To make this website work, we log user data. By using Shephard's online services, you agree to our Privacy Policy, including cookie policy.

×
Open menu Search

Norway wants US to double its troops in country

12th June 2018 - 16:37 GMT | by ​Agence France-Presse in Oslo

RSS

Norway will ask the US to double the number of US troops stationed in the country and deploy them nearer the border with Russia, the government said on 12 June.

The announcement came after nine nations along NATO's eastern flank called on 8 June for the alliance to bolster its presence in their region.

Since 2017, 330 US Marines have been deployed on rotation at Vaernes in the centre of Norway, despite loud protests from Russia.

Oslo said it wants to boost the troop numbers to 700 and station them further north at Setermoen, 420km from Russia.

The US deployment agreement would also be extended from the current six-month renewable periods to five years.

Frank Bakke-Jensen, Norwegian Minister of Defence, said in a statement: ‘The defence of Norway depends on the support of our NATO allies, as is the case in most other NATO countries. For this support to work in times of crises and war, we are totally dependent on joint training and exercises in times of peace.’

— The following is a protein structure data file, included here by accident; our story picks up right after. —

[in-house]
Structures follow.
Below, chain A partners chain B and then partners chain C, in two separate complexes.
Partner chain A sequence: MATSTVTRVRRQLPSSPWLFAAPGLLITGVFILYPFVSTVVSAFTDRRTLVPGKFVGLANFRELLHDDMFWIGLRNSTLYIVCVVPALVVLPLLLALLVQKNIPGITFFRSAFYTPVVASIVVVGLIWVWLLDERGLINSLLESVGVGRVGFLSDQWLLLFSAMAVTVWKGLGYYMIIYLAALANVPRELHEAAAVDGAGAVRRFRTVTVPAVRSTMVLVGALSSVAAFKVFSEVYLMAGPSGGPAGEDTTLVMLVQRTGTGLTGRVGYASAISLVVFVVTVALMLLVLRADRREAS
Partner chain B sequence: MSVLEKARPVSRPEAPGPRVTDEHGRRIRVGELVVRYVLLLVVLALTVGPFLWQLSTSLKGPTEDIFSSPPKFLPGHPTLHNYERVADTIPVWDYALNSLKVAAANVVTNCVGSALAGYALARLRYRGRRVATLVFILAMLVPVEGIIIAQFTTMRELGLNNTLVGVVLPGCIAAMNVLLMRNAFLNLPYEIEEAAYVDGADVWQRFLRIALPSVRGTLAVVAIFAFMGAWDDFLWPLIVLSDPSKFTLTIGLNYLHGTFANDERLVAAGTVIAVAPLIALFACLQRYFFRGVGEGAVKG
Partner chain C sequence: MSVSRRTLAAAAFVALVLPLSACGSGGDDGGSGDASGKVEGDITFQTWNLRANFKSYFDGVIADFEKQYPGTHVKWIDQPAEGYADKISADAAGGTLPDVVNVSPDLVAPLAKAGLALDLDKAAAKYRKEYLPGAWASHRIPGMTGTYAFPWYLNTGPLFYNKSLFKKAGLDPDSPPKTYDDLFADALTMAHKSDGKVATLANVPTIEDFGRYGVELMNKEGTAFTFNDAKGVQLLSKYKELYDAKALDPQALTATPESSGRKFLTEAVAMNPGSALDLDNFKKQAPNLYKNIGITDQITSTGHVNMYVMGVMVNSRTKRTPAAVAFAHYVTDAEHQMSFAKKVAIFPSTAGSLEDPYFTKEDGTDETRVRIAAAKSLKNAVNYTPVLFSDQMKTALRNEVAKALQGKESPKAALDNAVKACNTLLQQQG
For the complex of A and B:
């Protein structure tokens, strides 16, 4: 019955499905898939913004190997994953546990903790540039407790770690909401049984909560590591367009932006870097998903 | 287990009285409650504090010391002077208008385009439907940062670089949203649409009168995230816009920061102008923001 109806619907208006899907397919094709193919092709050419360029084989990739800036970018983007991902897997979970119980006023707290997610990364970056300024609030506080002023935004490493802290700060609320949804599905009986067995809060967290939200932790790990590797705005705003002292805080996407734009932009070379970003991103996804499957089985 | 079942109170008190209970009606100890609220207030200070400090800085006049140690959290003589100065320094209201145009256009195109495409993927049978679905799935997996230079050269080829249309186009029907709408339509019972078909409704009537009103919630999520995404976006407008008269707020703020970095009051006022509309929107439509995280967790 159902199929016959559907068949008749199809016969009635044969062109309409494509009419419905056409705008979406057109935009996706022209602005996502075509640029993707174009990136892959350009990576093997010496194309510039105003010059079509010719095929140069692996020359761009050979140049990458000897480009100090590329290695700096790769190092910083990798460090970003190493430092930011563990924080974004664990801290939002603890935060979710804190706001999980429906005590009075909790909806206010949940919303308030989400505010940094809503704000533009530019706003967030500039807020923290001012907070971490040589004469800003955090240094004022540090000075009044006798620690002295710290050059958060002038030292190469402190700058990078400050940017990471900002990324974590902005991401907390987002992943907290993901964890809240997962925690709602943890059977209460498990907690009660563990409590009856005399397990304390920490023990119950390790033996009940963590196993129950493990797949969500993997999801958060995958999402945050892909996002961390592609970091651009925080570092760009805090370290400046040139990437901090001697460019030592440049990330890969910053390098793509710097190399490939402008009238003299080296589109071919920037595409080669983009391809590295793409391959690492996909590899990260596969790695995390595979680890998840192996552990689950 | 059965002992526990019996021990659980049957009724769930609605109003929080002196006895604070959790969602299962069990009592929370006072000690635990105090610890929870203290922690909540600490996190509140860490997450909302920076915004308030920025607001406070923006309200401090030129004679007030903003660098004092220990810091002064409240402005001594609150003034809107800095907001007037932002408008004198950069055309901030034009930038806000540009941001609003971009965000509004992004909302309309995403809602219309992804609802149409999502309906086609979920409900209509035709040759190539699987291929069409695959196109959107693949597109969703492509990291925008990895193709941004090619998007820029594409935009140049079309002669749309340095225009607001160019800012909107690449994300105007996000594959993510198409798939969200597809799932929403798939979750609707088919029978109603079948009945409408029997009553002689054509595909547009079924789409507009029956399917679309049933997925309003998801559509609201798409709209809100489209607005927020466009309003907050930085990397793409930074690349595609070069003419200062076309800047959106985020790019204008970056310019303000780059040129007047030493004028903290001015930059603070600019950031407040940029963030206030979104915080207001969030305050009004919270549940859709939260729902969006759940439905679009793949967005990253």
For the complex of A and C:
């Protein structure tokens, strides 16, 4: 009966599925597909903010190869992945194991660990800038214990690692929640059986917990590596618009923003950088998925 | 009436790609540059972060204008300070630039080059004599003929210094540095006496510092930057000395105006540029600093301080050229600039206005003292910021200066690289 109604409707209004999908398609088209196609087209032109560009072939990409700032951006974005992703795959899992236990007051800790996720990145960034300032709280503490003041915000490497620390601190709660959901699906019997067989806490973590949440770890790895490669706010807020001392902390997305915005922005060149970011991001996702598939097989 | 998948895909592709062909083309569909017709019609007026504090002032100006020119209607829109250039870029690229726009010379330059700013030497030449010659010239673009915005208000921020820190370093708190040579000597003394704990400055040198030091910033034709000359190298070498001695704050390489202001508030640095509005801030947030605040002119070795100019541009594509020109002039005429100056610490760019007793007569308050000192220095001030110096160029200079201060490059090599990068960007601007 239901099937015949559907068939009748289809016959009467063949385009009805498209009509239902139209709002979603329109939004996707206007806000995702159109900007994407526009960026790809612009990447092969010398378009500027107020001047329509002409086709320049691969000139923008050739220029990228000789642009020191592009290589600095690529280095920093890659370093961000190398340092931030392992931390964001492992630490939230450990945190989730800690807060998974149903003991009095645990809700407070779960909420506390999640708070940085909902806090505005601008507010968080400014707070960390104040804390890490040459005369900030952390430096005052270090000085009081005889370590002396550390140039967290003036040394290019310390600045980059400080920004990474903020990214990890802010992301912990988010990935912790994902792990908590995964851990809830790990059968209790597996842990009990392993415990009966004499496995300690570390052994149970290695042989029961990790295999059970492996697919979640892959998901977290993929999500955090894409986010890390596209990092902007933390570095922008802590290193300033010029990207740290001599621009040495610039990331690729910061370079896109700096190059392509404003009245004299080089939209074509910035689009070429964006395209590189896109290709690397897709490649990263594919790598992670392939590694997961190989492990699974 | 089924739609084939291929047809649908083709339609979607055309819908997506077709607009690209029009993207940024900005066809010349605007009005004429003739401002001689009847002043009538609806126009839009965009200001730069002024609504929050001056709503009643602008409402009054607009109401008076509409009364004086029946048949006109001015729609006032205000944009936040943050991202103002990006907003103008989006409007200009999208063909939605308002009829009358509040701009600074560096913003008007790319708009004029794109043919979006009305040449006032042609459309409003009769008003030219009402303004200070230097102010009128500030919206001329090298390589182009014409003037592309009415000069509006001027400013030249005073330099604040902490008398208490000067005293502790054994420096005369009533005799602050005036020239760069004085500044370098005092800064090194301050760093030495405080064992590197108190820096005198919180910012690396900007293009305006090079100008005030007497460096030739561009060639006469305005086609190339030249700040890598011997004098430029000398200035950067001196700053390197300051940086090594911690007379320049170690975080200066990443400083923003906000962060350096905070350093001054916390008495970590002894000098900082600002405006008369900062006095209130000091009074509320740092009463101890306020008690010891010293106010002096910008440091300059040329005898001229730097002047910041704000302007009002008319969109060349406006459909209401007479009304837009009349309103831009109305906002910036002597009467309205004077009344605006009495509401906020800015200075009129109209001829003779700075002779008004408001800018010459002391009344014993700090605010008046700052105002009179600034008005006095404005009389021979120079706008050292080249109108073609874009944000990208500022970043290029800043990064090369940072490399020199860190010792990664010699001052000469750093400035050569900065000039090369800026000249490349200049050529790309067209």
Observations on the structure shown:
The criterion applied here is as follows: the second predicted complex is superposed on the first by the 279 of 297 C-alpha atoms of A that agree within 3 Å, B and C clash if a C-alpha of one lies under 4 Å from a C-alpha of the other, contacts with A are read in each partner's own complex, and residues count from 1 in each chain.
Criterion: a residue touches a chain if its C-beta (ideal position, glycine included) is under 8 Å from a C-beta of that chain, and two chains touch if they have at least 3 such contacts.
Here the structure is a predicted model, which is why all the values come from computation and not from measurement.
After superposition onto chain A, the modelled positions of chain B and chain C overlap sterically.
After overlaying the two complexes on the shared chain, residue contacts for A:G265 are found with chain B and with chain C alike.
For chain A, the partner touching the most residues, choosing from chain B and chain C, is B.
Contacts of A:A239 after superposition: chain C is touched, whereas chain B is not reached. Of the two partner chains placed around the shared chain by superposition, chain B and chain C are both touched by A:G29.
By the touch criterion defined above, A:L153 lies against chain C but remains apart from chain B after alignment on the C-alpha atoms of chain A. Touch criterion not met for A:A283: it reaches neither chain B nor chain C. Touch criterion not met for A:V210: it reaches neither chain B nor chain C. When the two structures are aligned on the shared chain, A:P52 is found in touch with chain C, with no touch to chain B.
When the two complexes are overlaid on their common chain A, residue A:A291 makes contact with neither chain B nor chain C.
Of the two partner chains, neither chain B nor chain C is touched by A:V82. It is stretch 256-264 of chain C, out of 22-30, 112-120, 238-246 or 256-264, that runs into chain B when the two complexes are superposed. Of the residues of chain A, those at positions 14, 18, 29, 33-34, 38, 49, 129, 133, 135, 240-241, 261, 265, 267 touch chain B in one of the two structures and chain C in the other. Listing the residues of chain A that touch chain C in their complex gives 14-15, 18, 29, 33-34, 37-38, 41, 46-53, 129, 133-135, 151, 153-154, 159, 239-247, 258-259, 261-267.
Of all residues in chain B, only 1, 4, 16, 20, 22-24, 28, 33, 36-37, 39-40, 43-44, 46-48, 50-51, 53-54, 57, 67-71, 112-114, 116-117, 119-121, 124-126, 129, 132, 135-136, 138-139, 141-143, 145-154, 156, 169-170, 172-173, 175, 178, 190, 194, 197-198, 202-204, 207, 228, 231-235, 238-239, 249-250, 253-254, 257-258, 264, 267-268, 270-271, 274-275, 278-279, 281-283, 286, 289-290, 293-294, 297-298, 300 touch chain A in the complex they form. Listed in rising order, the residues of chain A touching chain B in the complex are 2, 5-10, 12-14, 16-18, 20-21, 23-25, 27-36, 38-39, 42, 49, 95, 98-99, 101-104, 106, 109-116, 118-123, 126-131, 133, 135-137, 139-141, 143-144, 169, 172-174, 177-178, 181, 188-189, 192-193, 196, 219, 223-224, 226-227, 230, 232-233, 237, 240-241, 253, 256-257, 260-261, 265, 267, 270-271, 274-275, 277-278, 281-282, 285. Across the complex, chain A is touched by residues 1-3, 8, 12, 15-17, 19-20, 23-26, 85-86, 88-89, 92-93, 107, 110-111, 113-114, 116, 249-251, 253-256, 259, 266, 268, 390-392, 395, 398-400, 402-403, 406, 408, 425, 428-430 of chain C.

Bulgaria, Czech Republic, Estonia, Hungary, Latvia, Lithuania, Poland, Romania and Slovakia had on 8 June called for NATO to discuss an increased military presence in their region at the leaders' summit in July 2018 in Brussels.

The group said it was necessary to supplement NATO's current ground forces ‘with aerial and naval components.’

NATO beefed up defences in central and eastern Europe in response to growing fears about Russia, following Moscow's annexation of Crimea in 2014.

The Russian embassy in Oslo could not be contacted on 12 June for comment, but in 2017 it criticised repeatedly the deployment of US forces in Norway.

Norwegian Foreign Minister Ine Eriksen Soreide said that if the new deployment went ahead ‘there will still be a respectful distance with the Russian border. But we can't see any serious reason why Russia should react, even if we expect it will again this time since it always does about the allied exercises and training.’

To ease Moscow's concerns, before becoming a founder member of NATO in 1949, Oslo gave a commitment not to station foreign troops on its soil unless it was under threat of attack.

The government says it still follows that commitment noting that the troop presence is not permanent but rotational.

Share to

Linkedin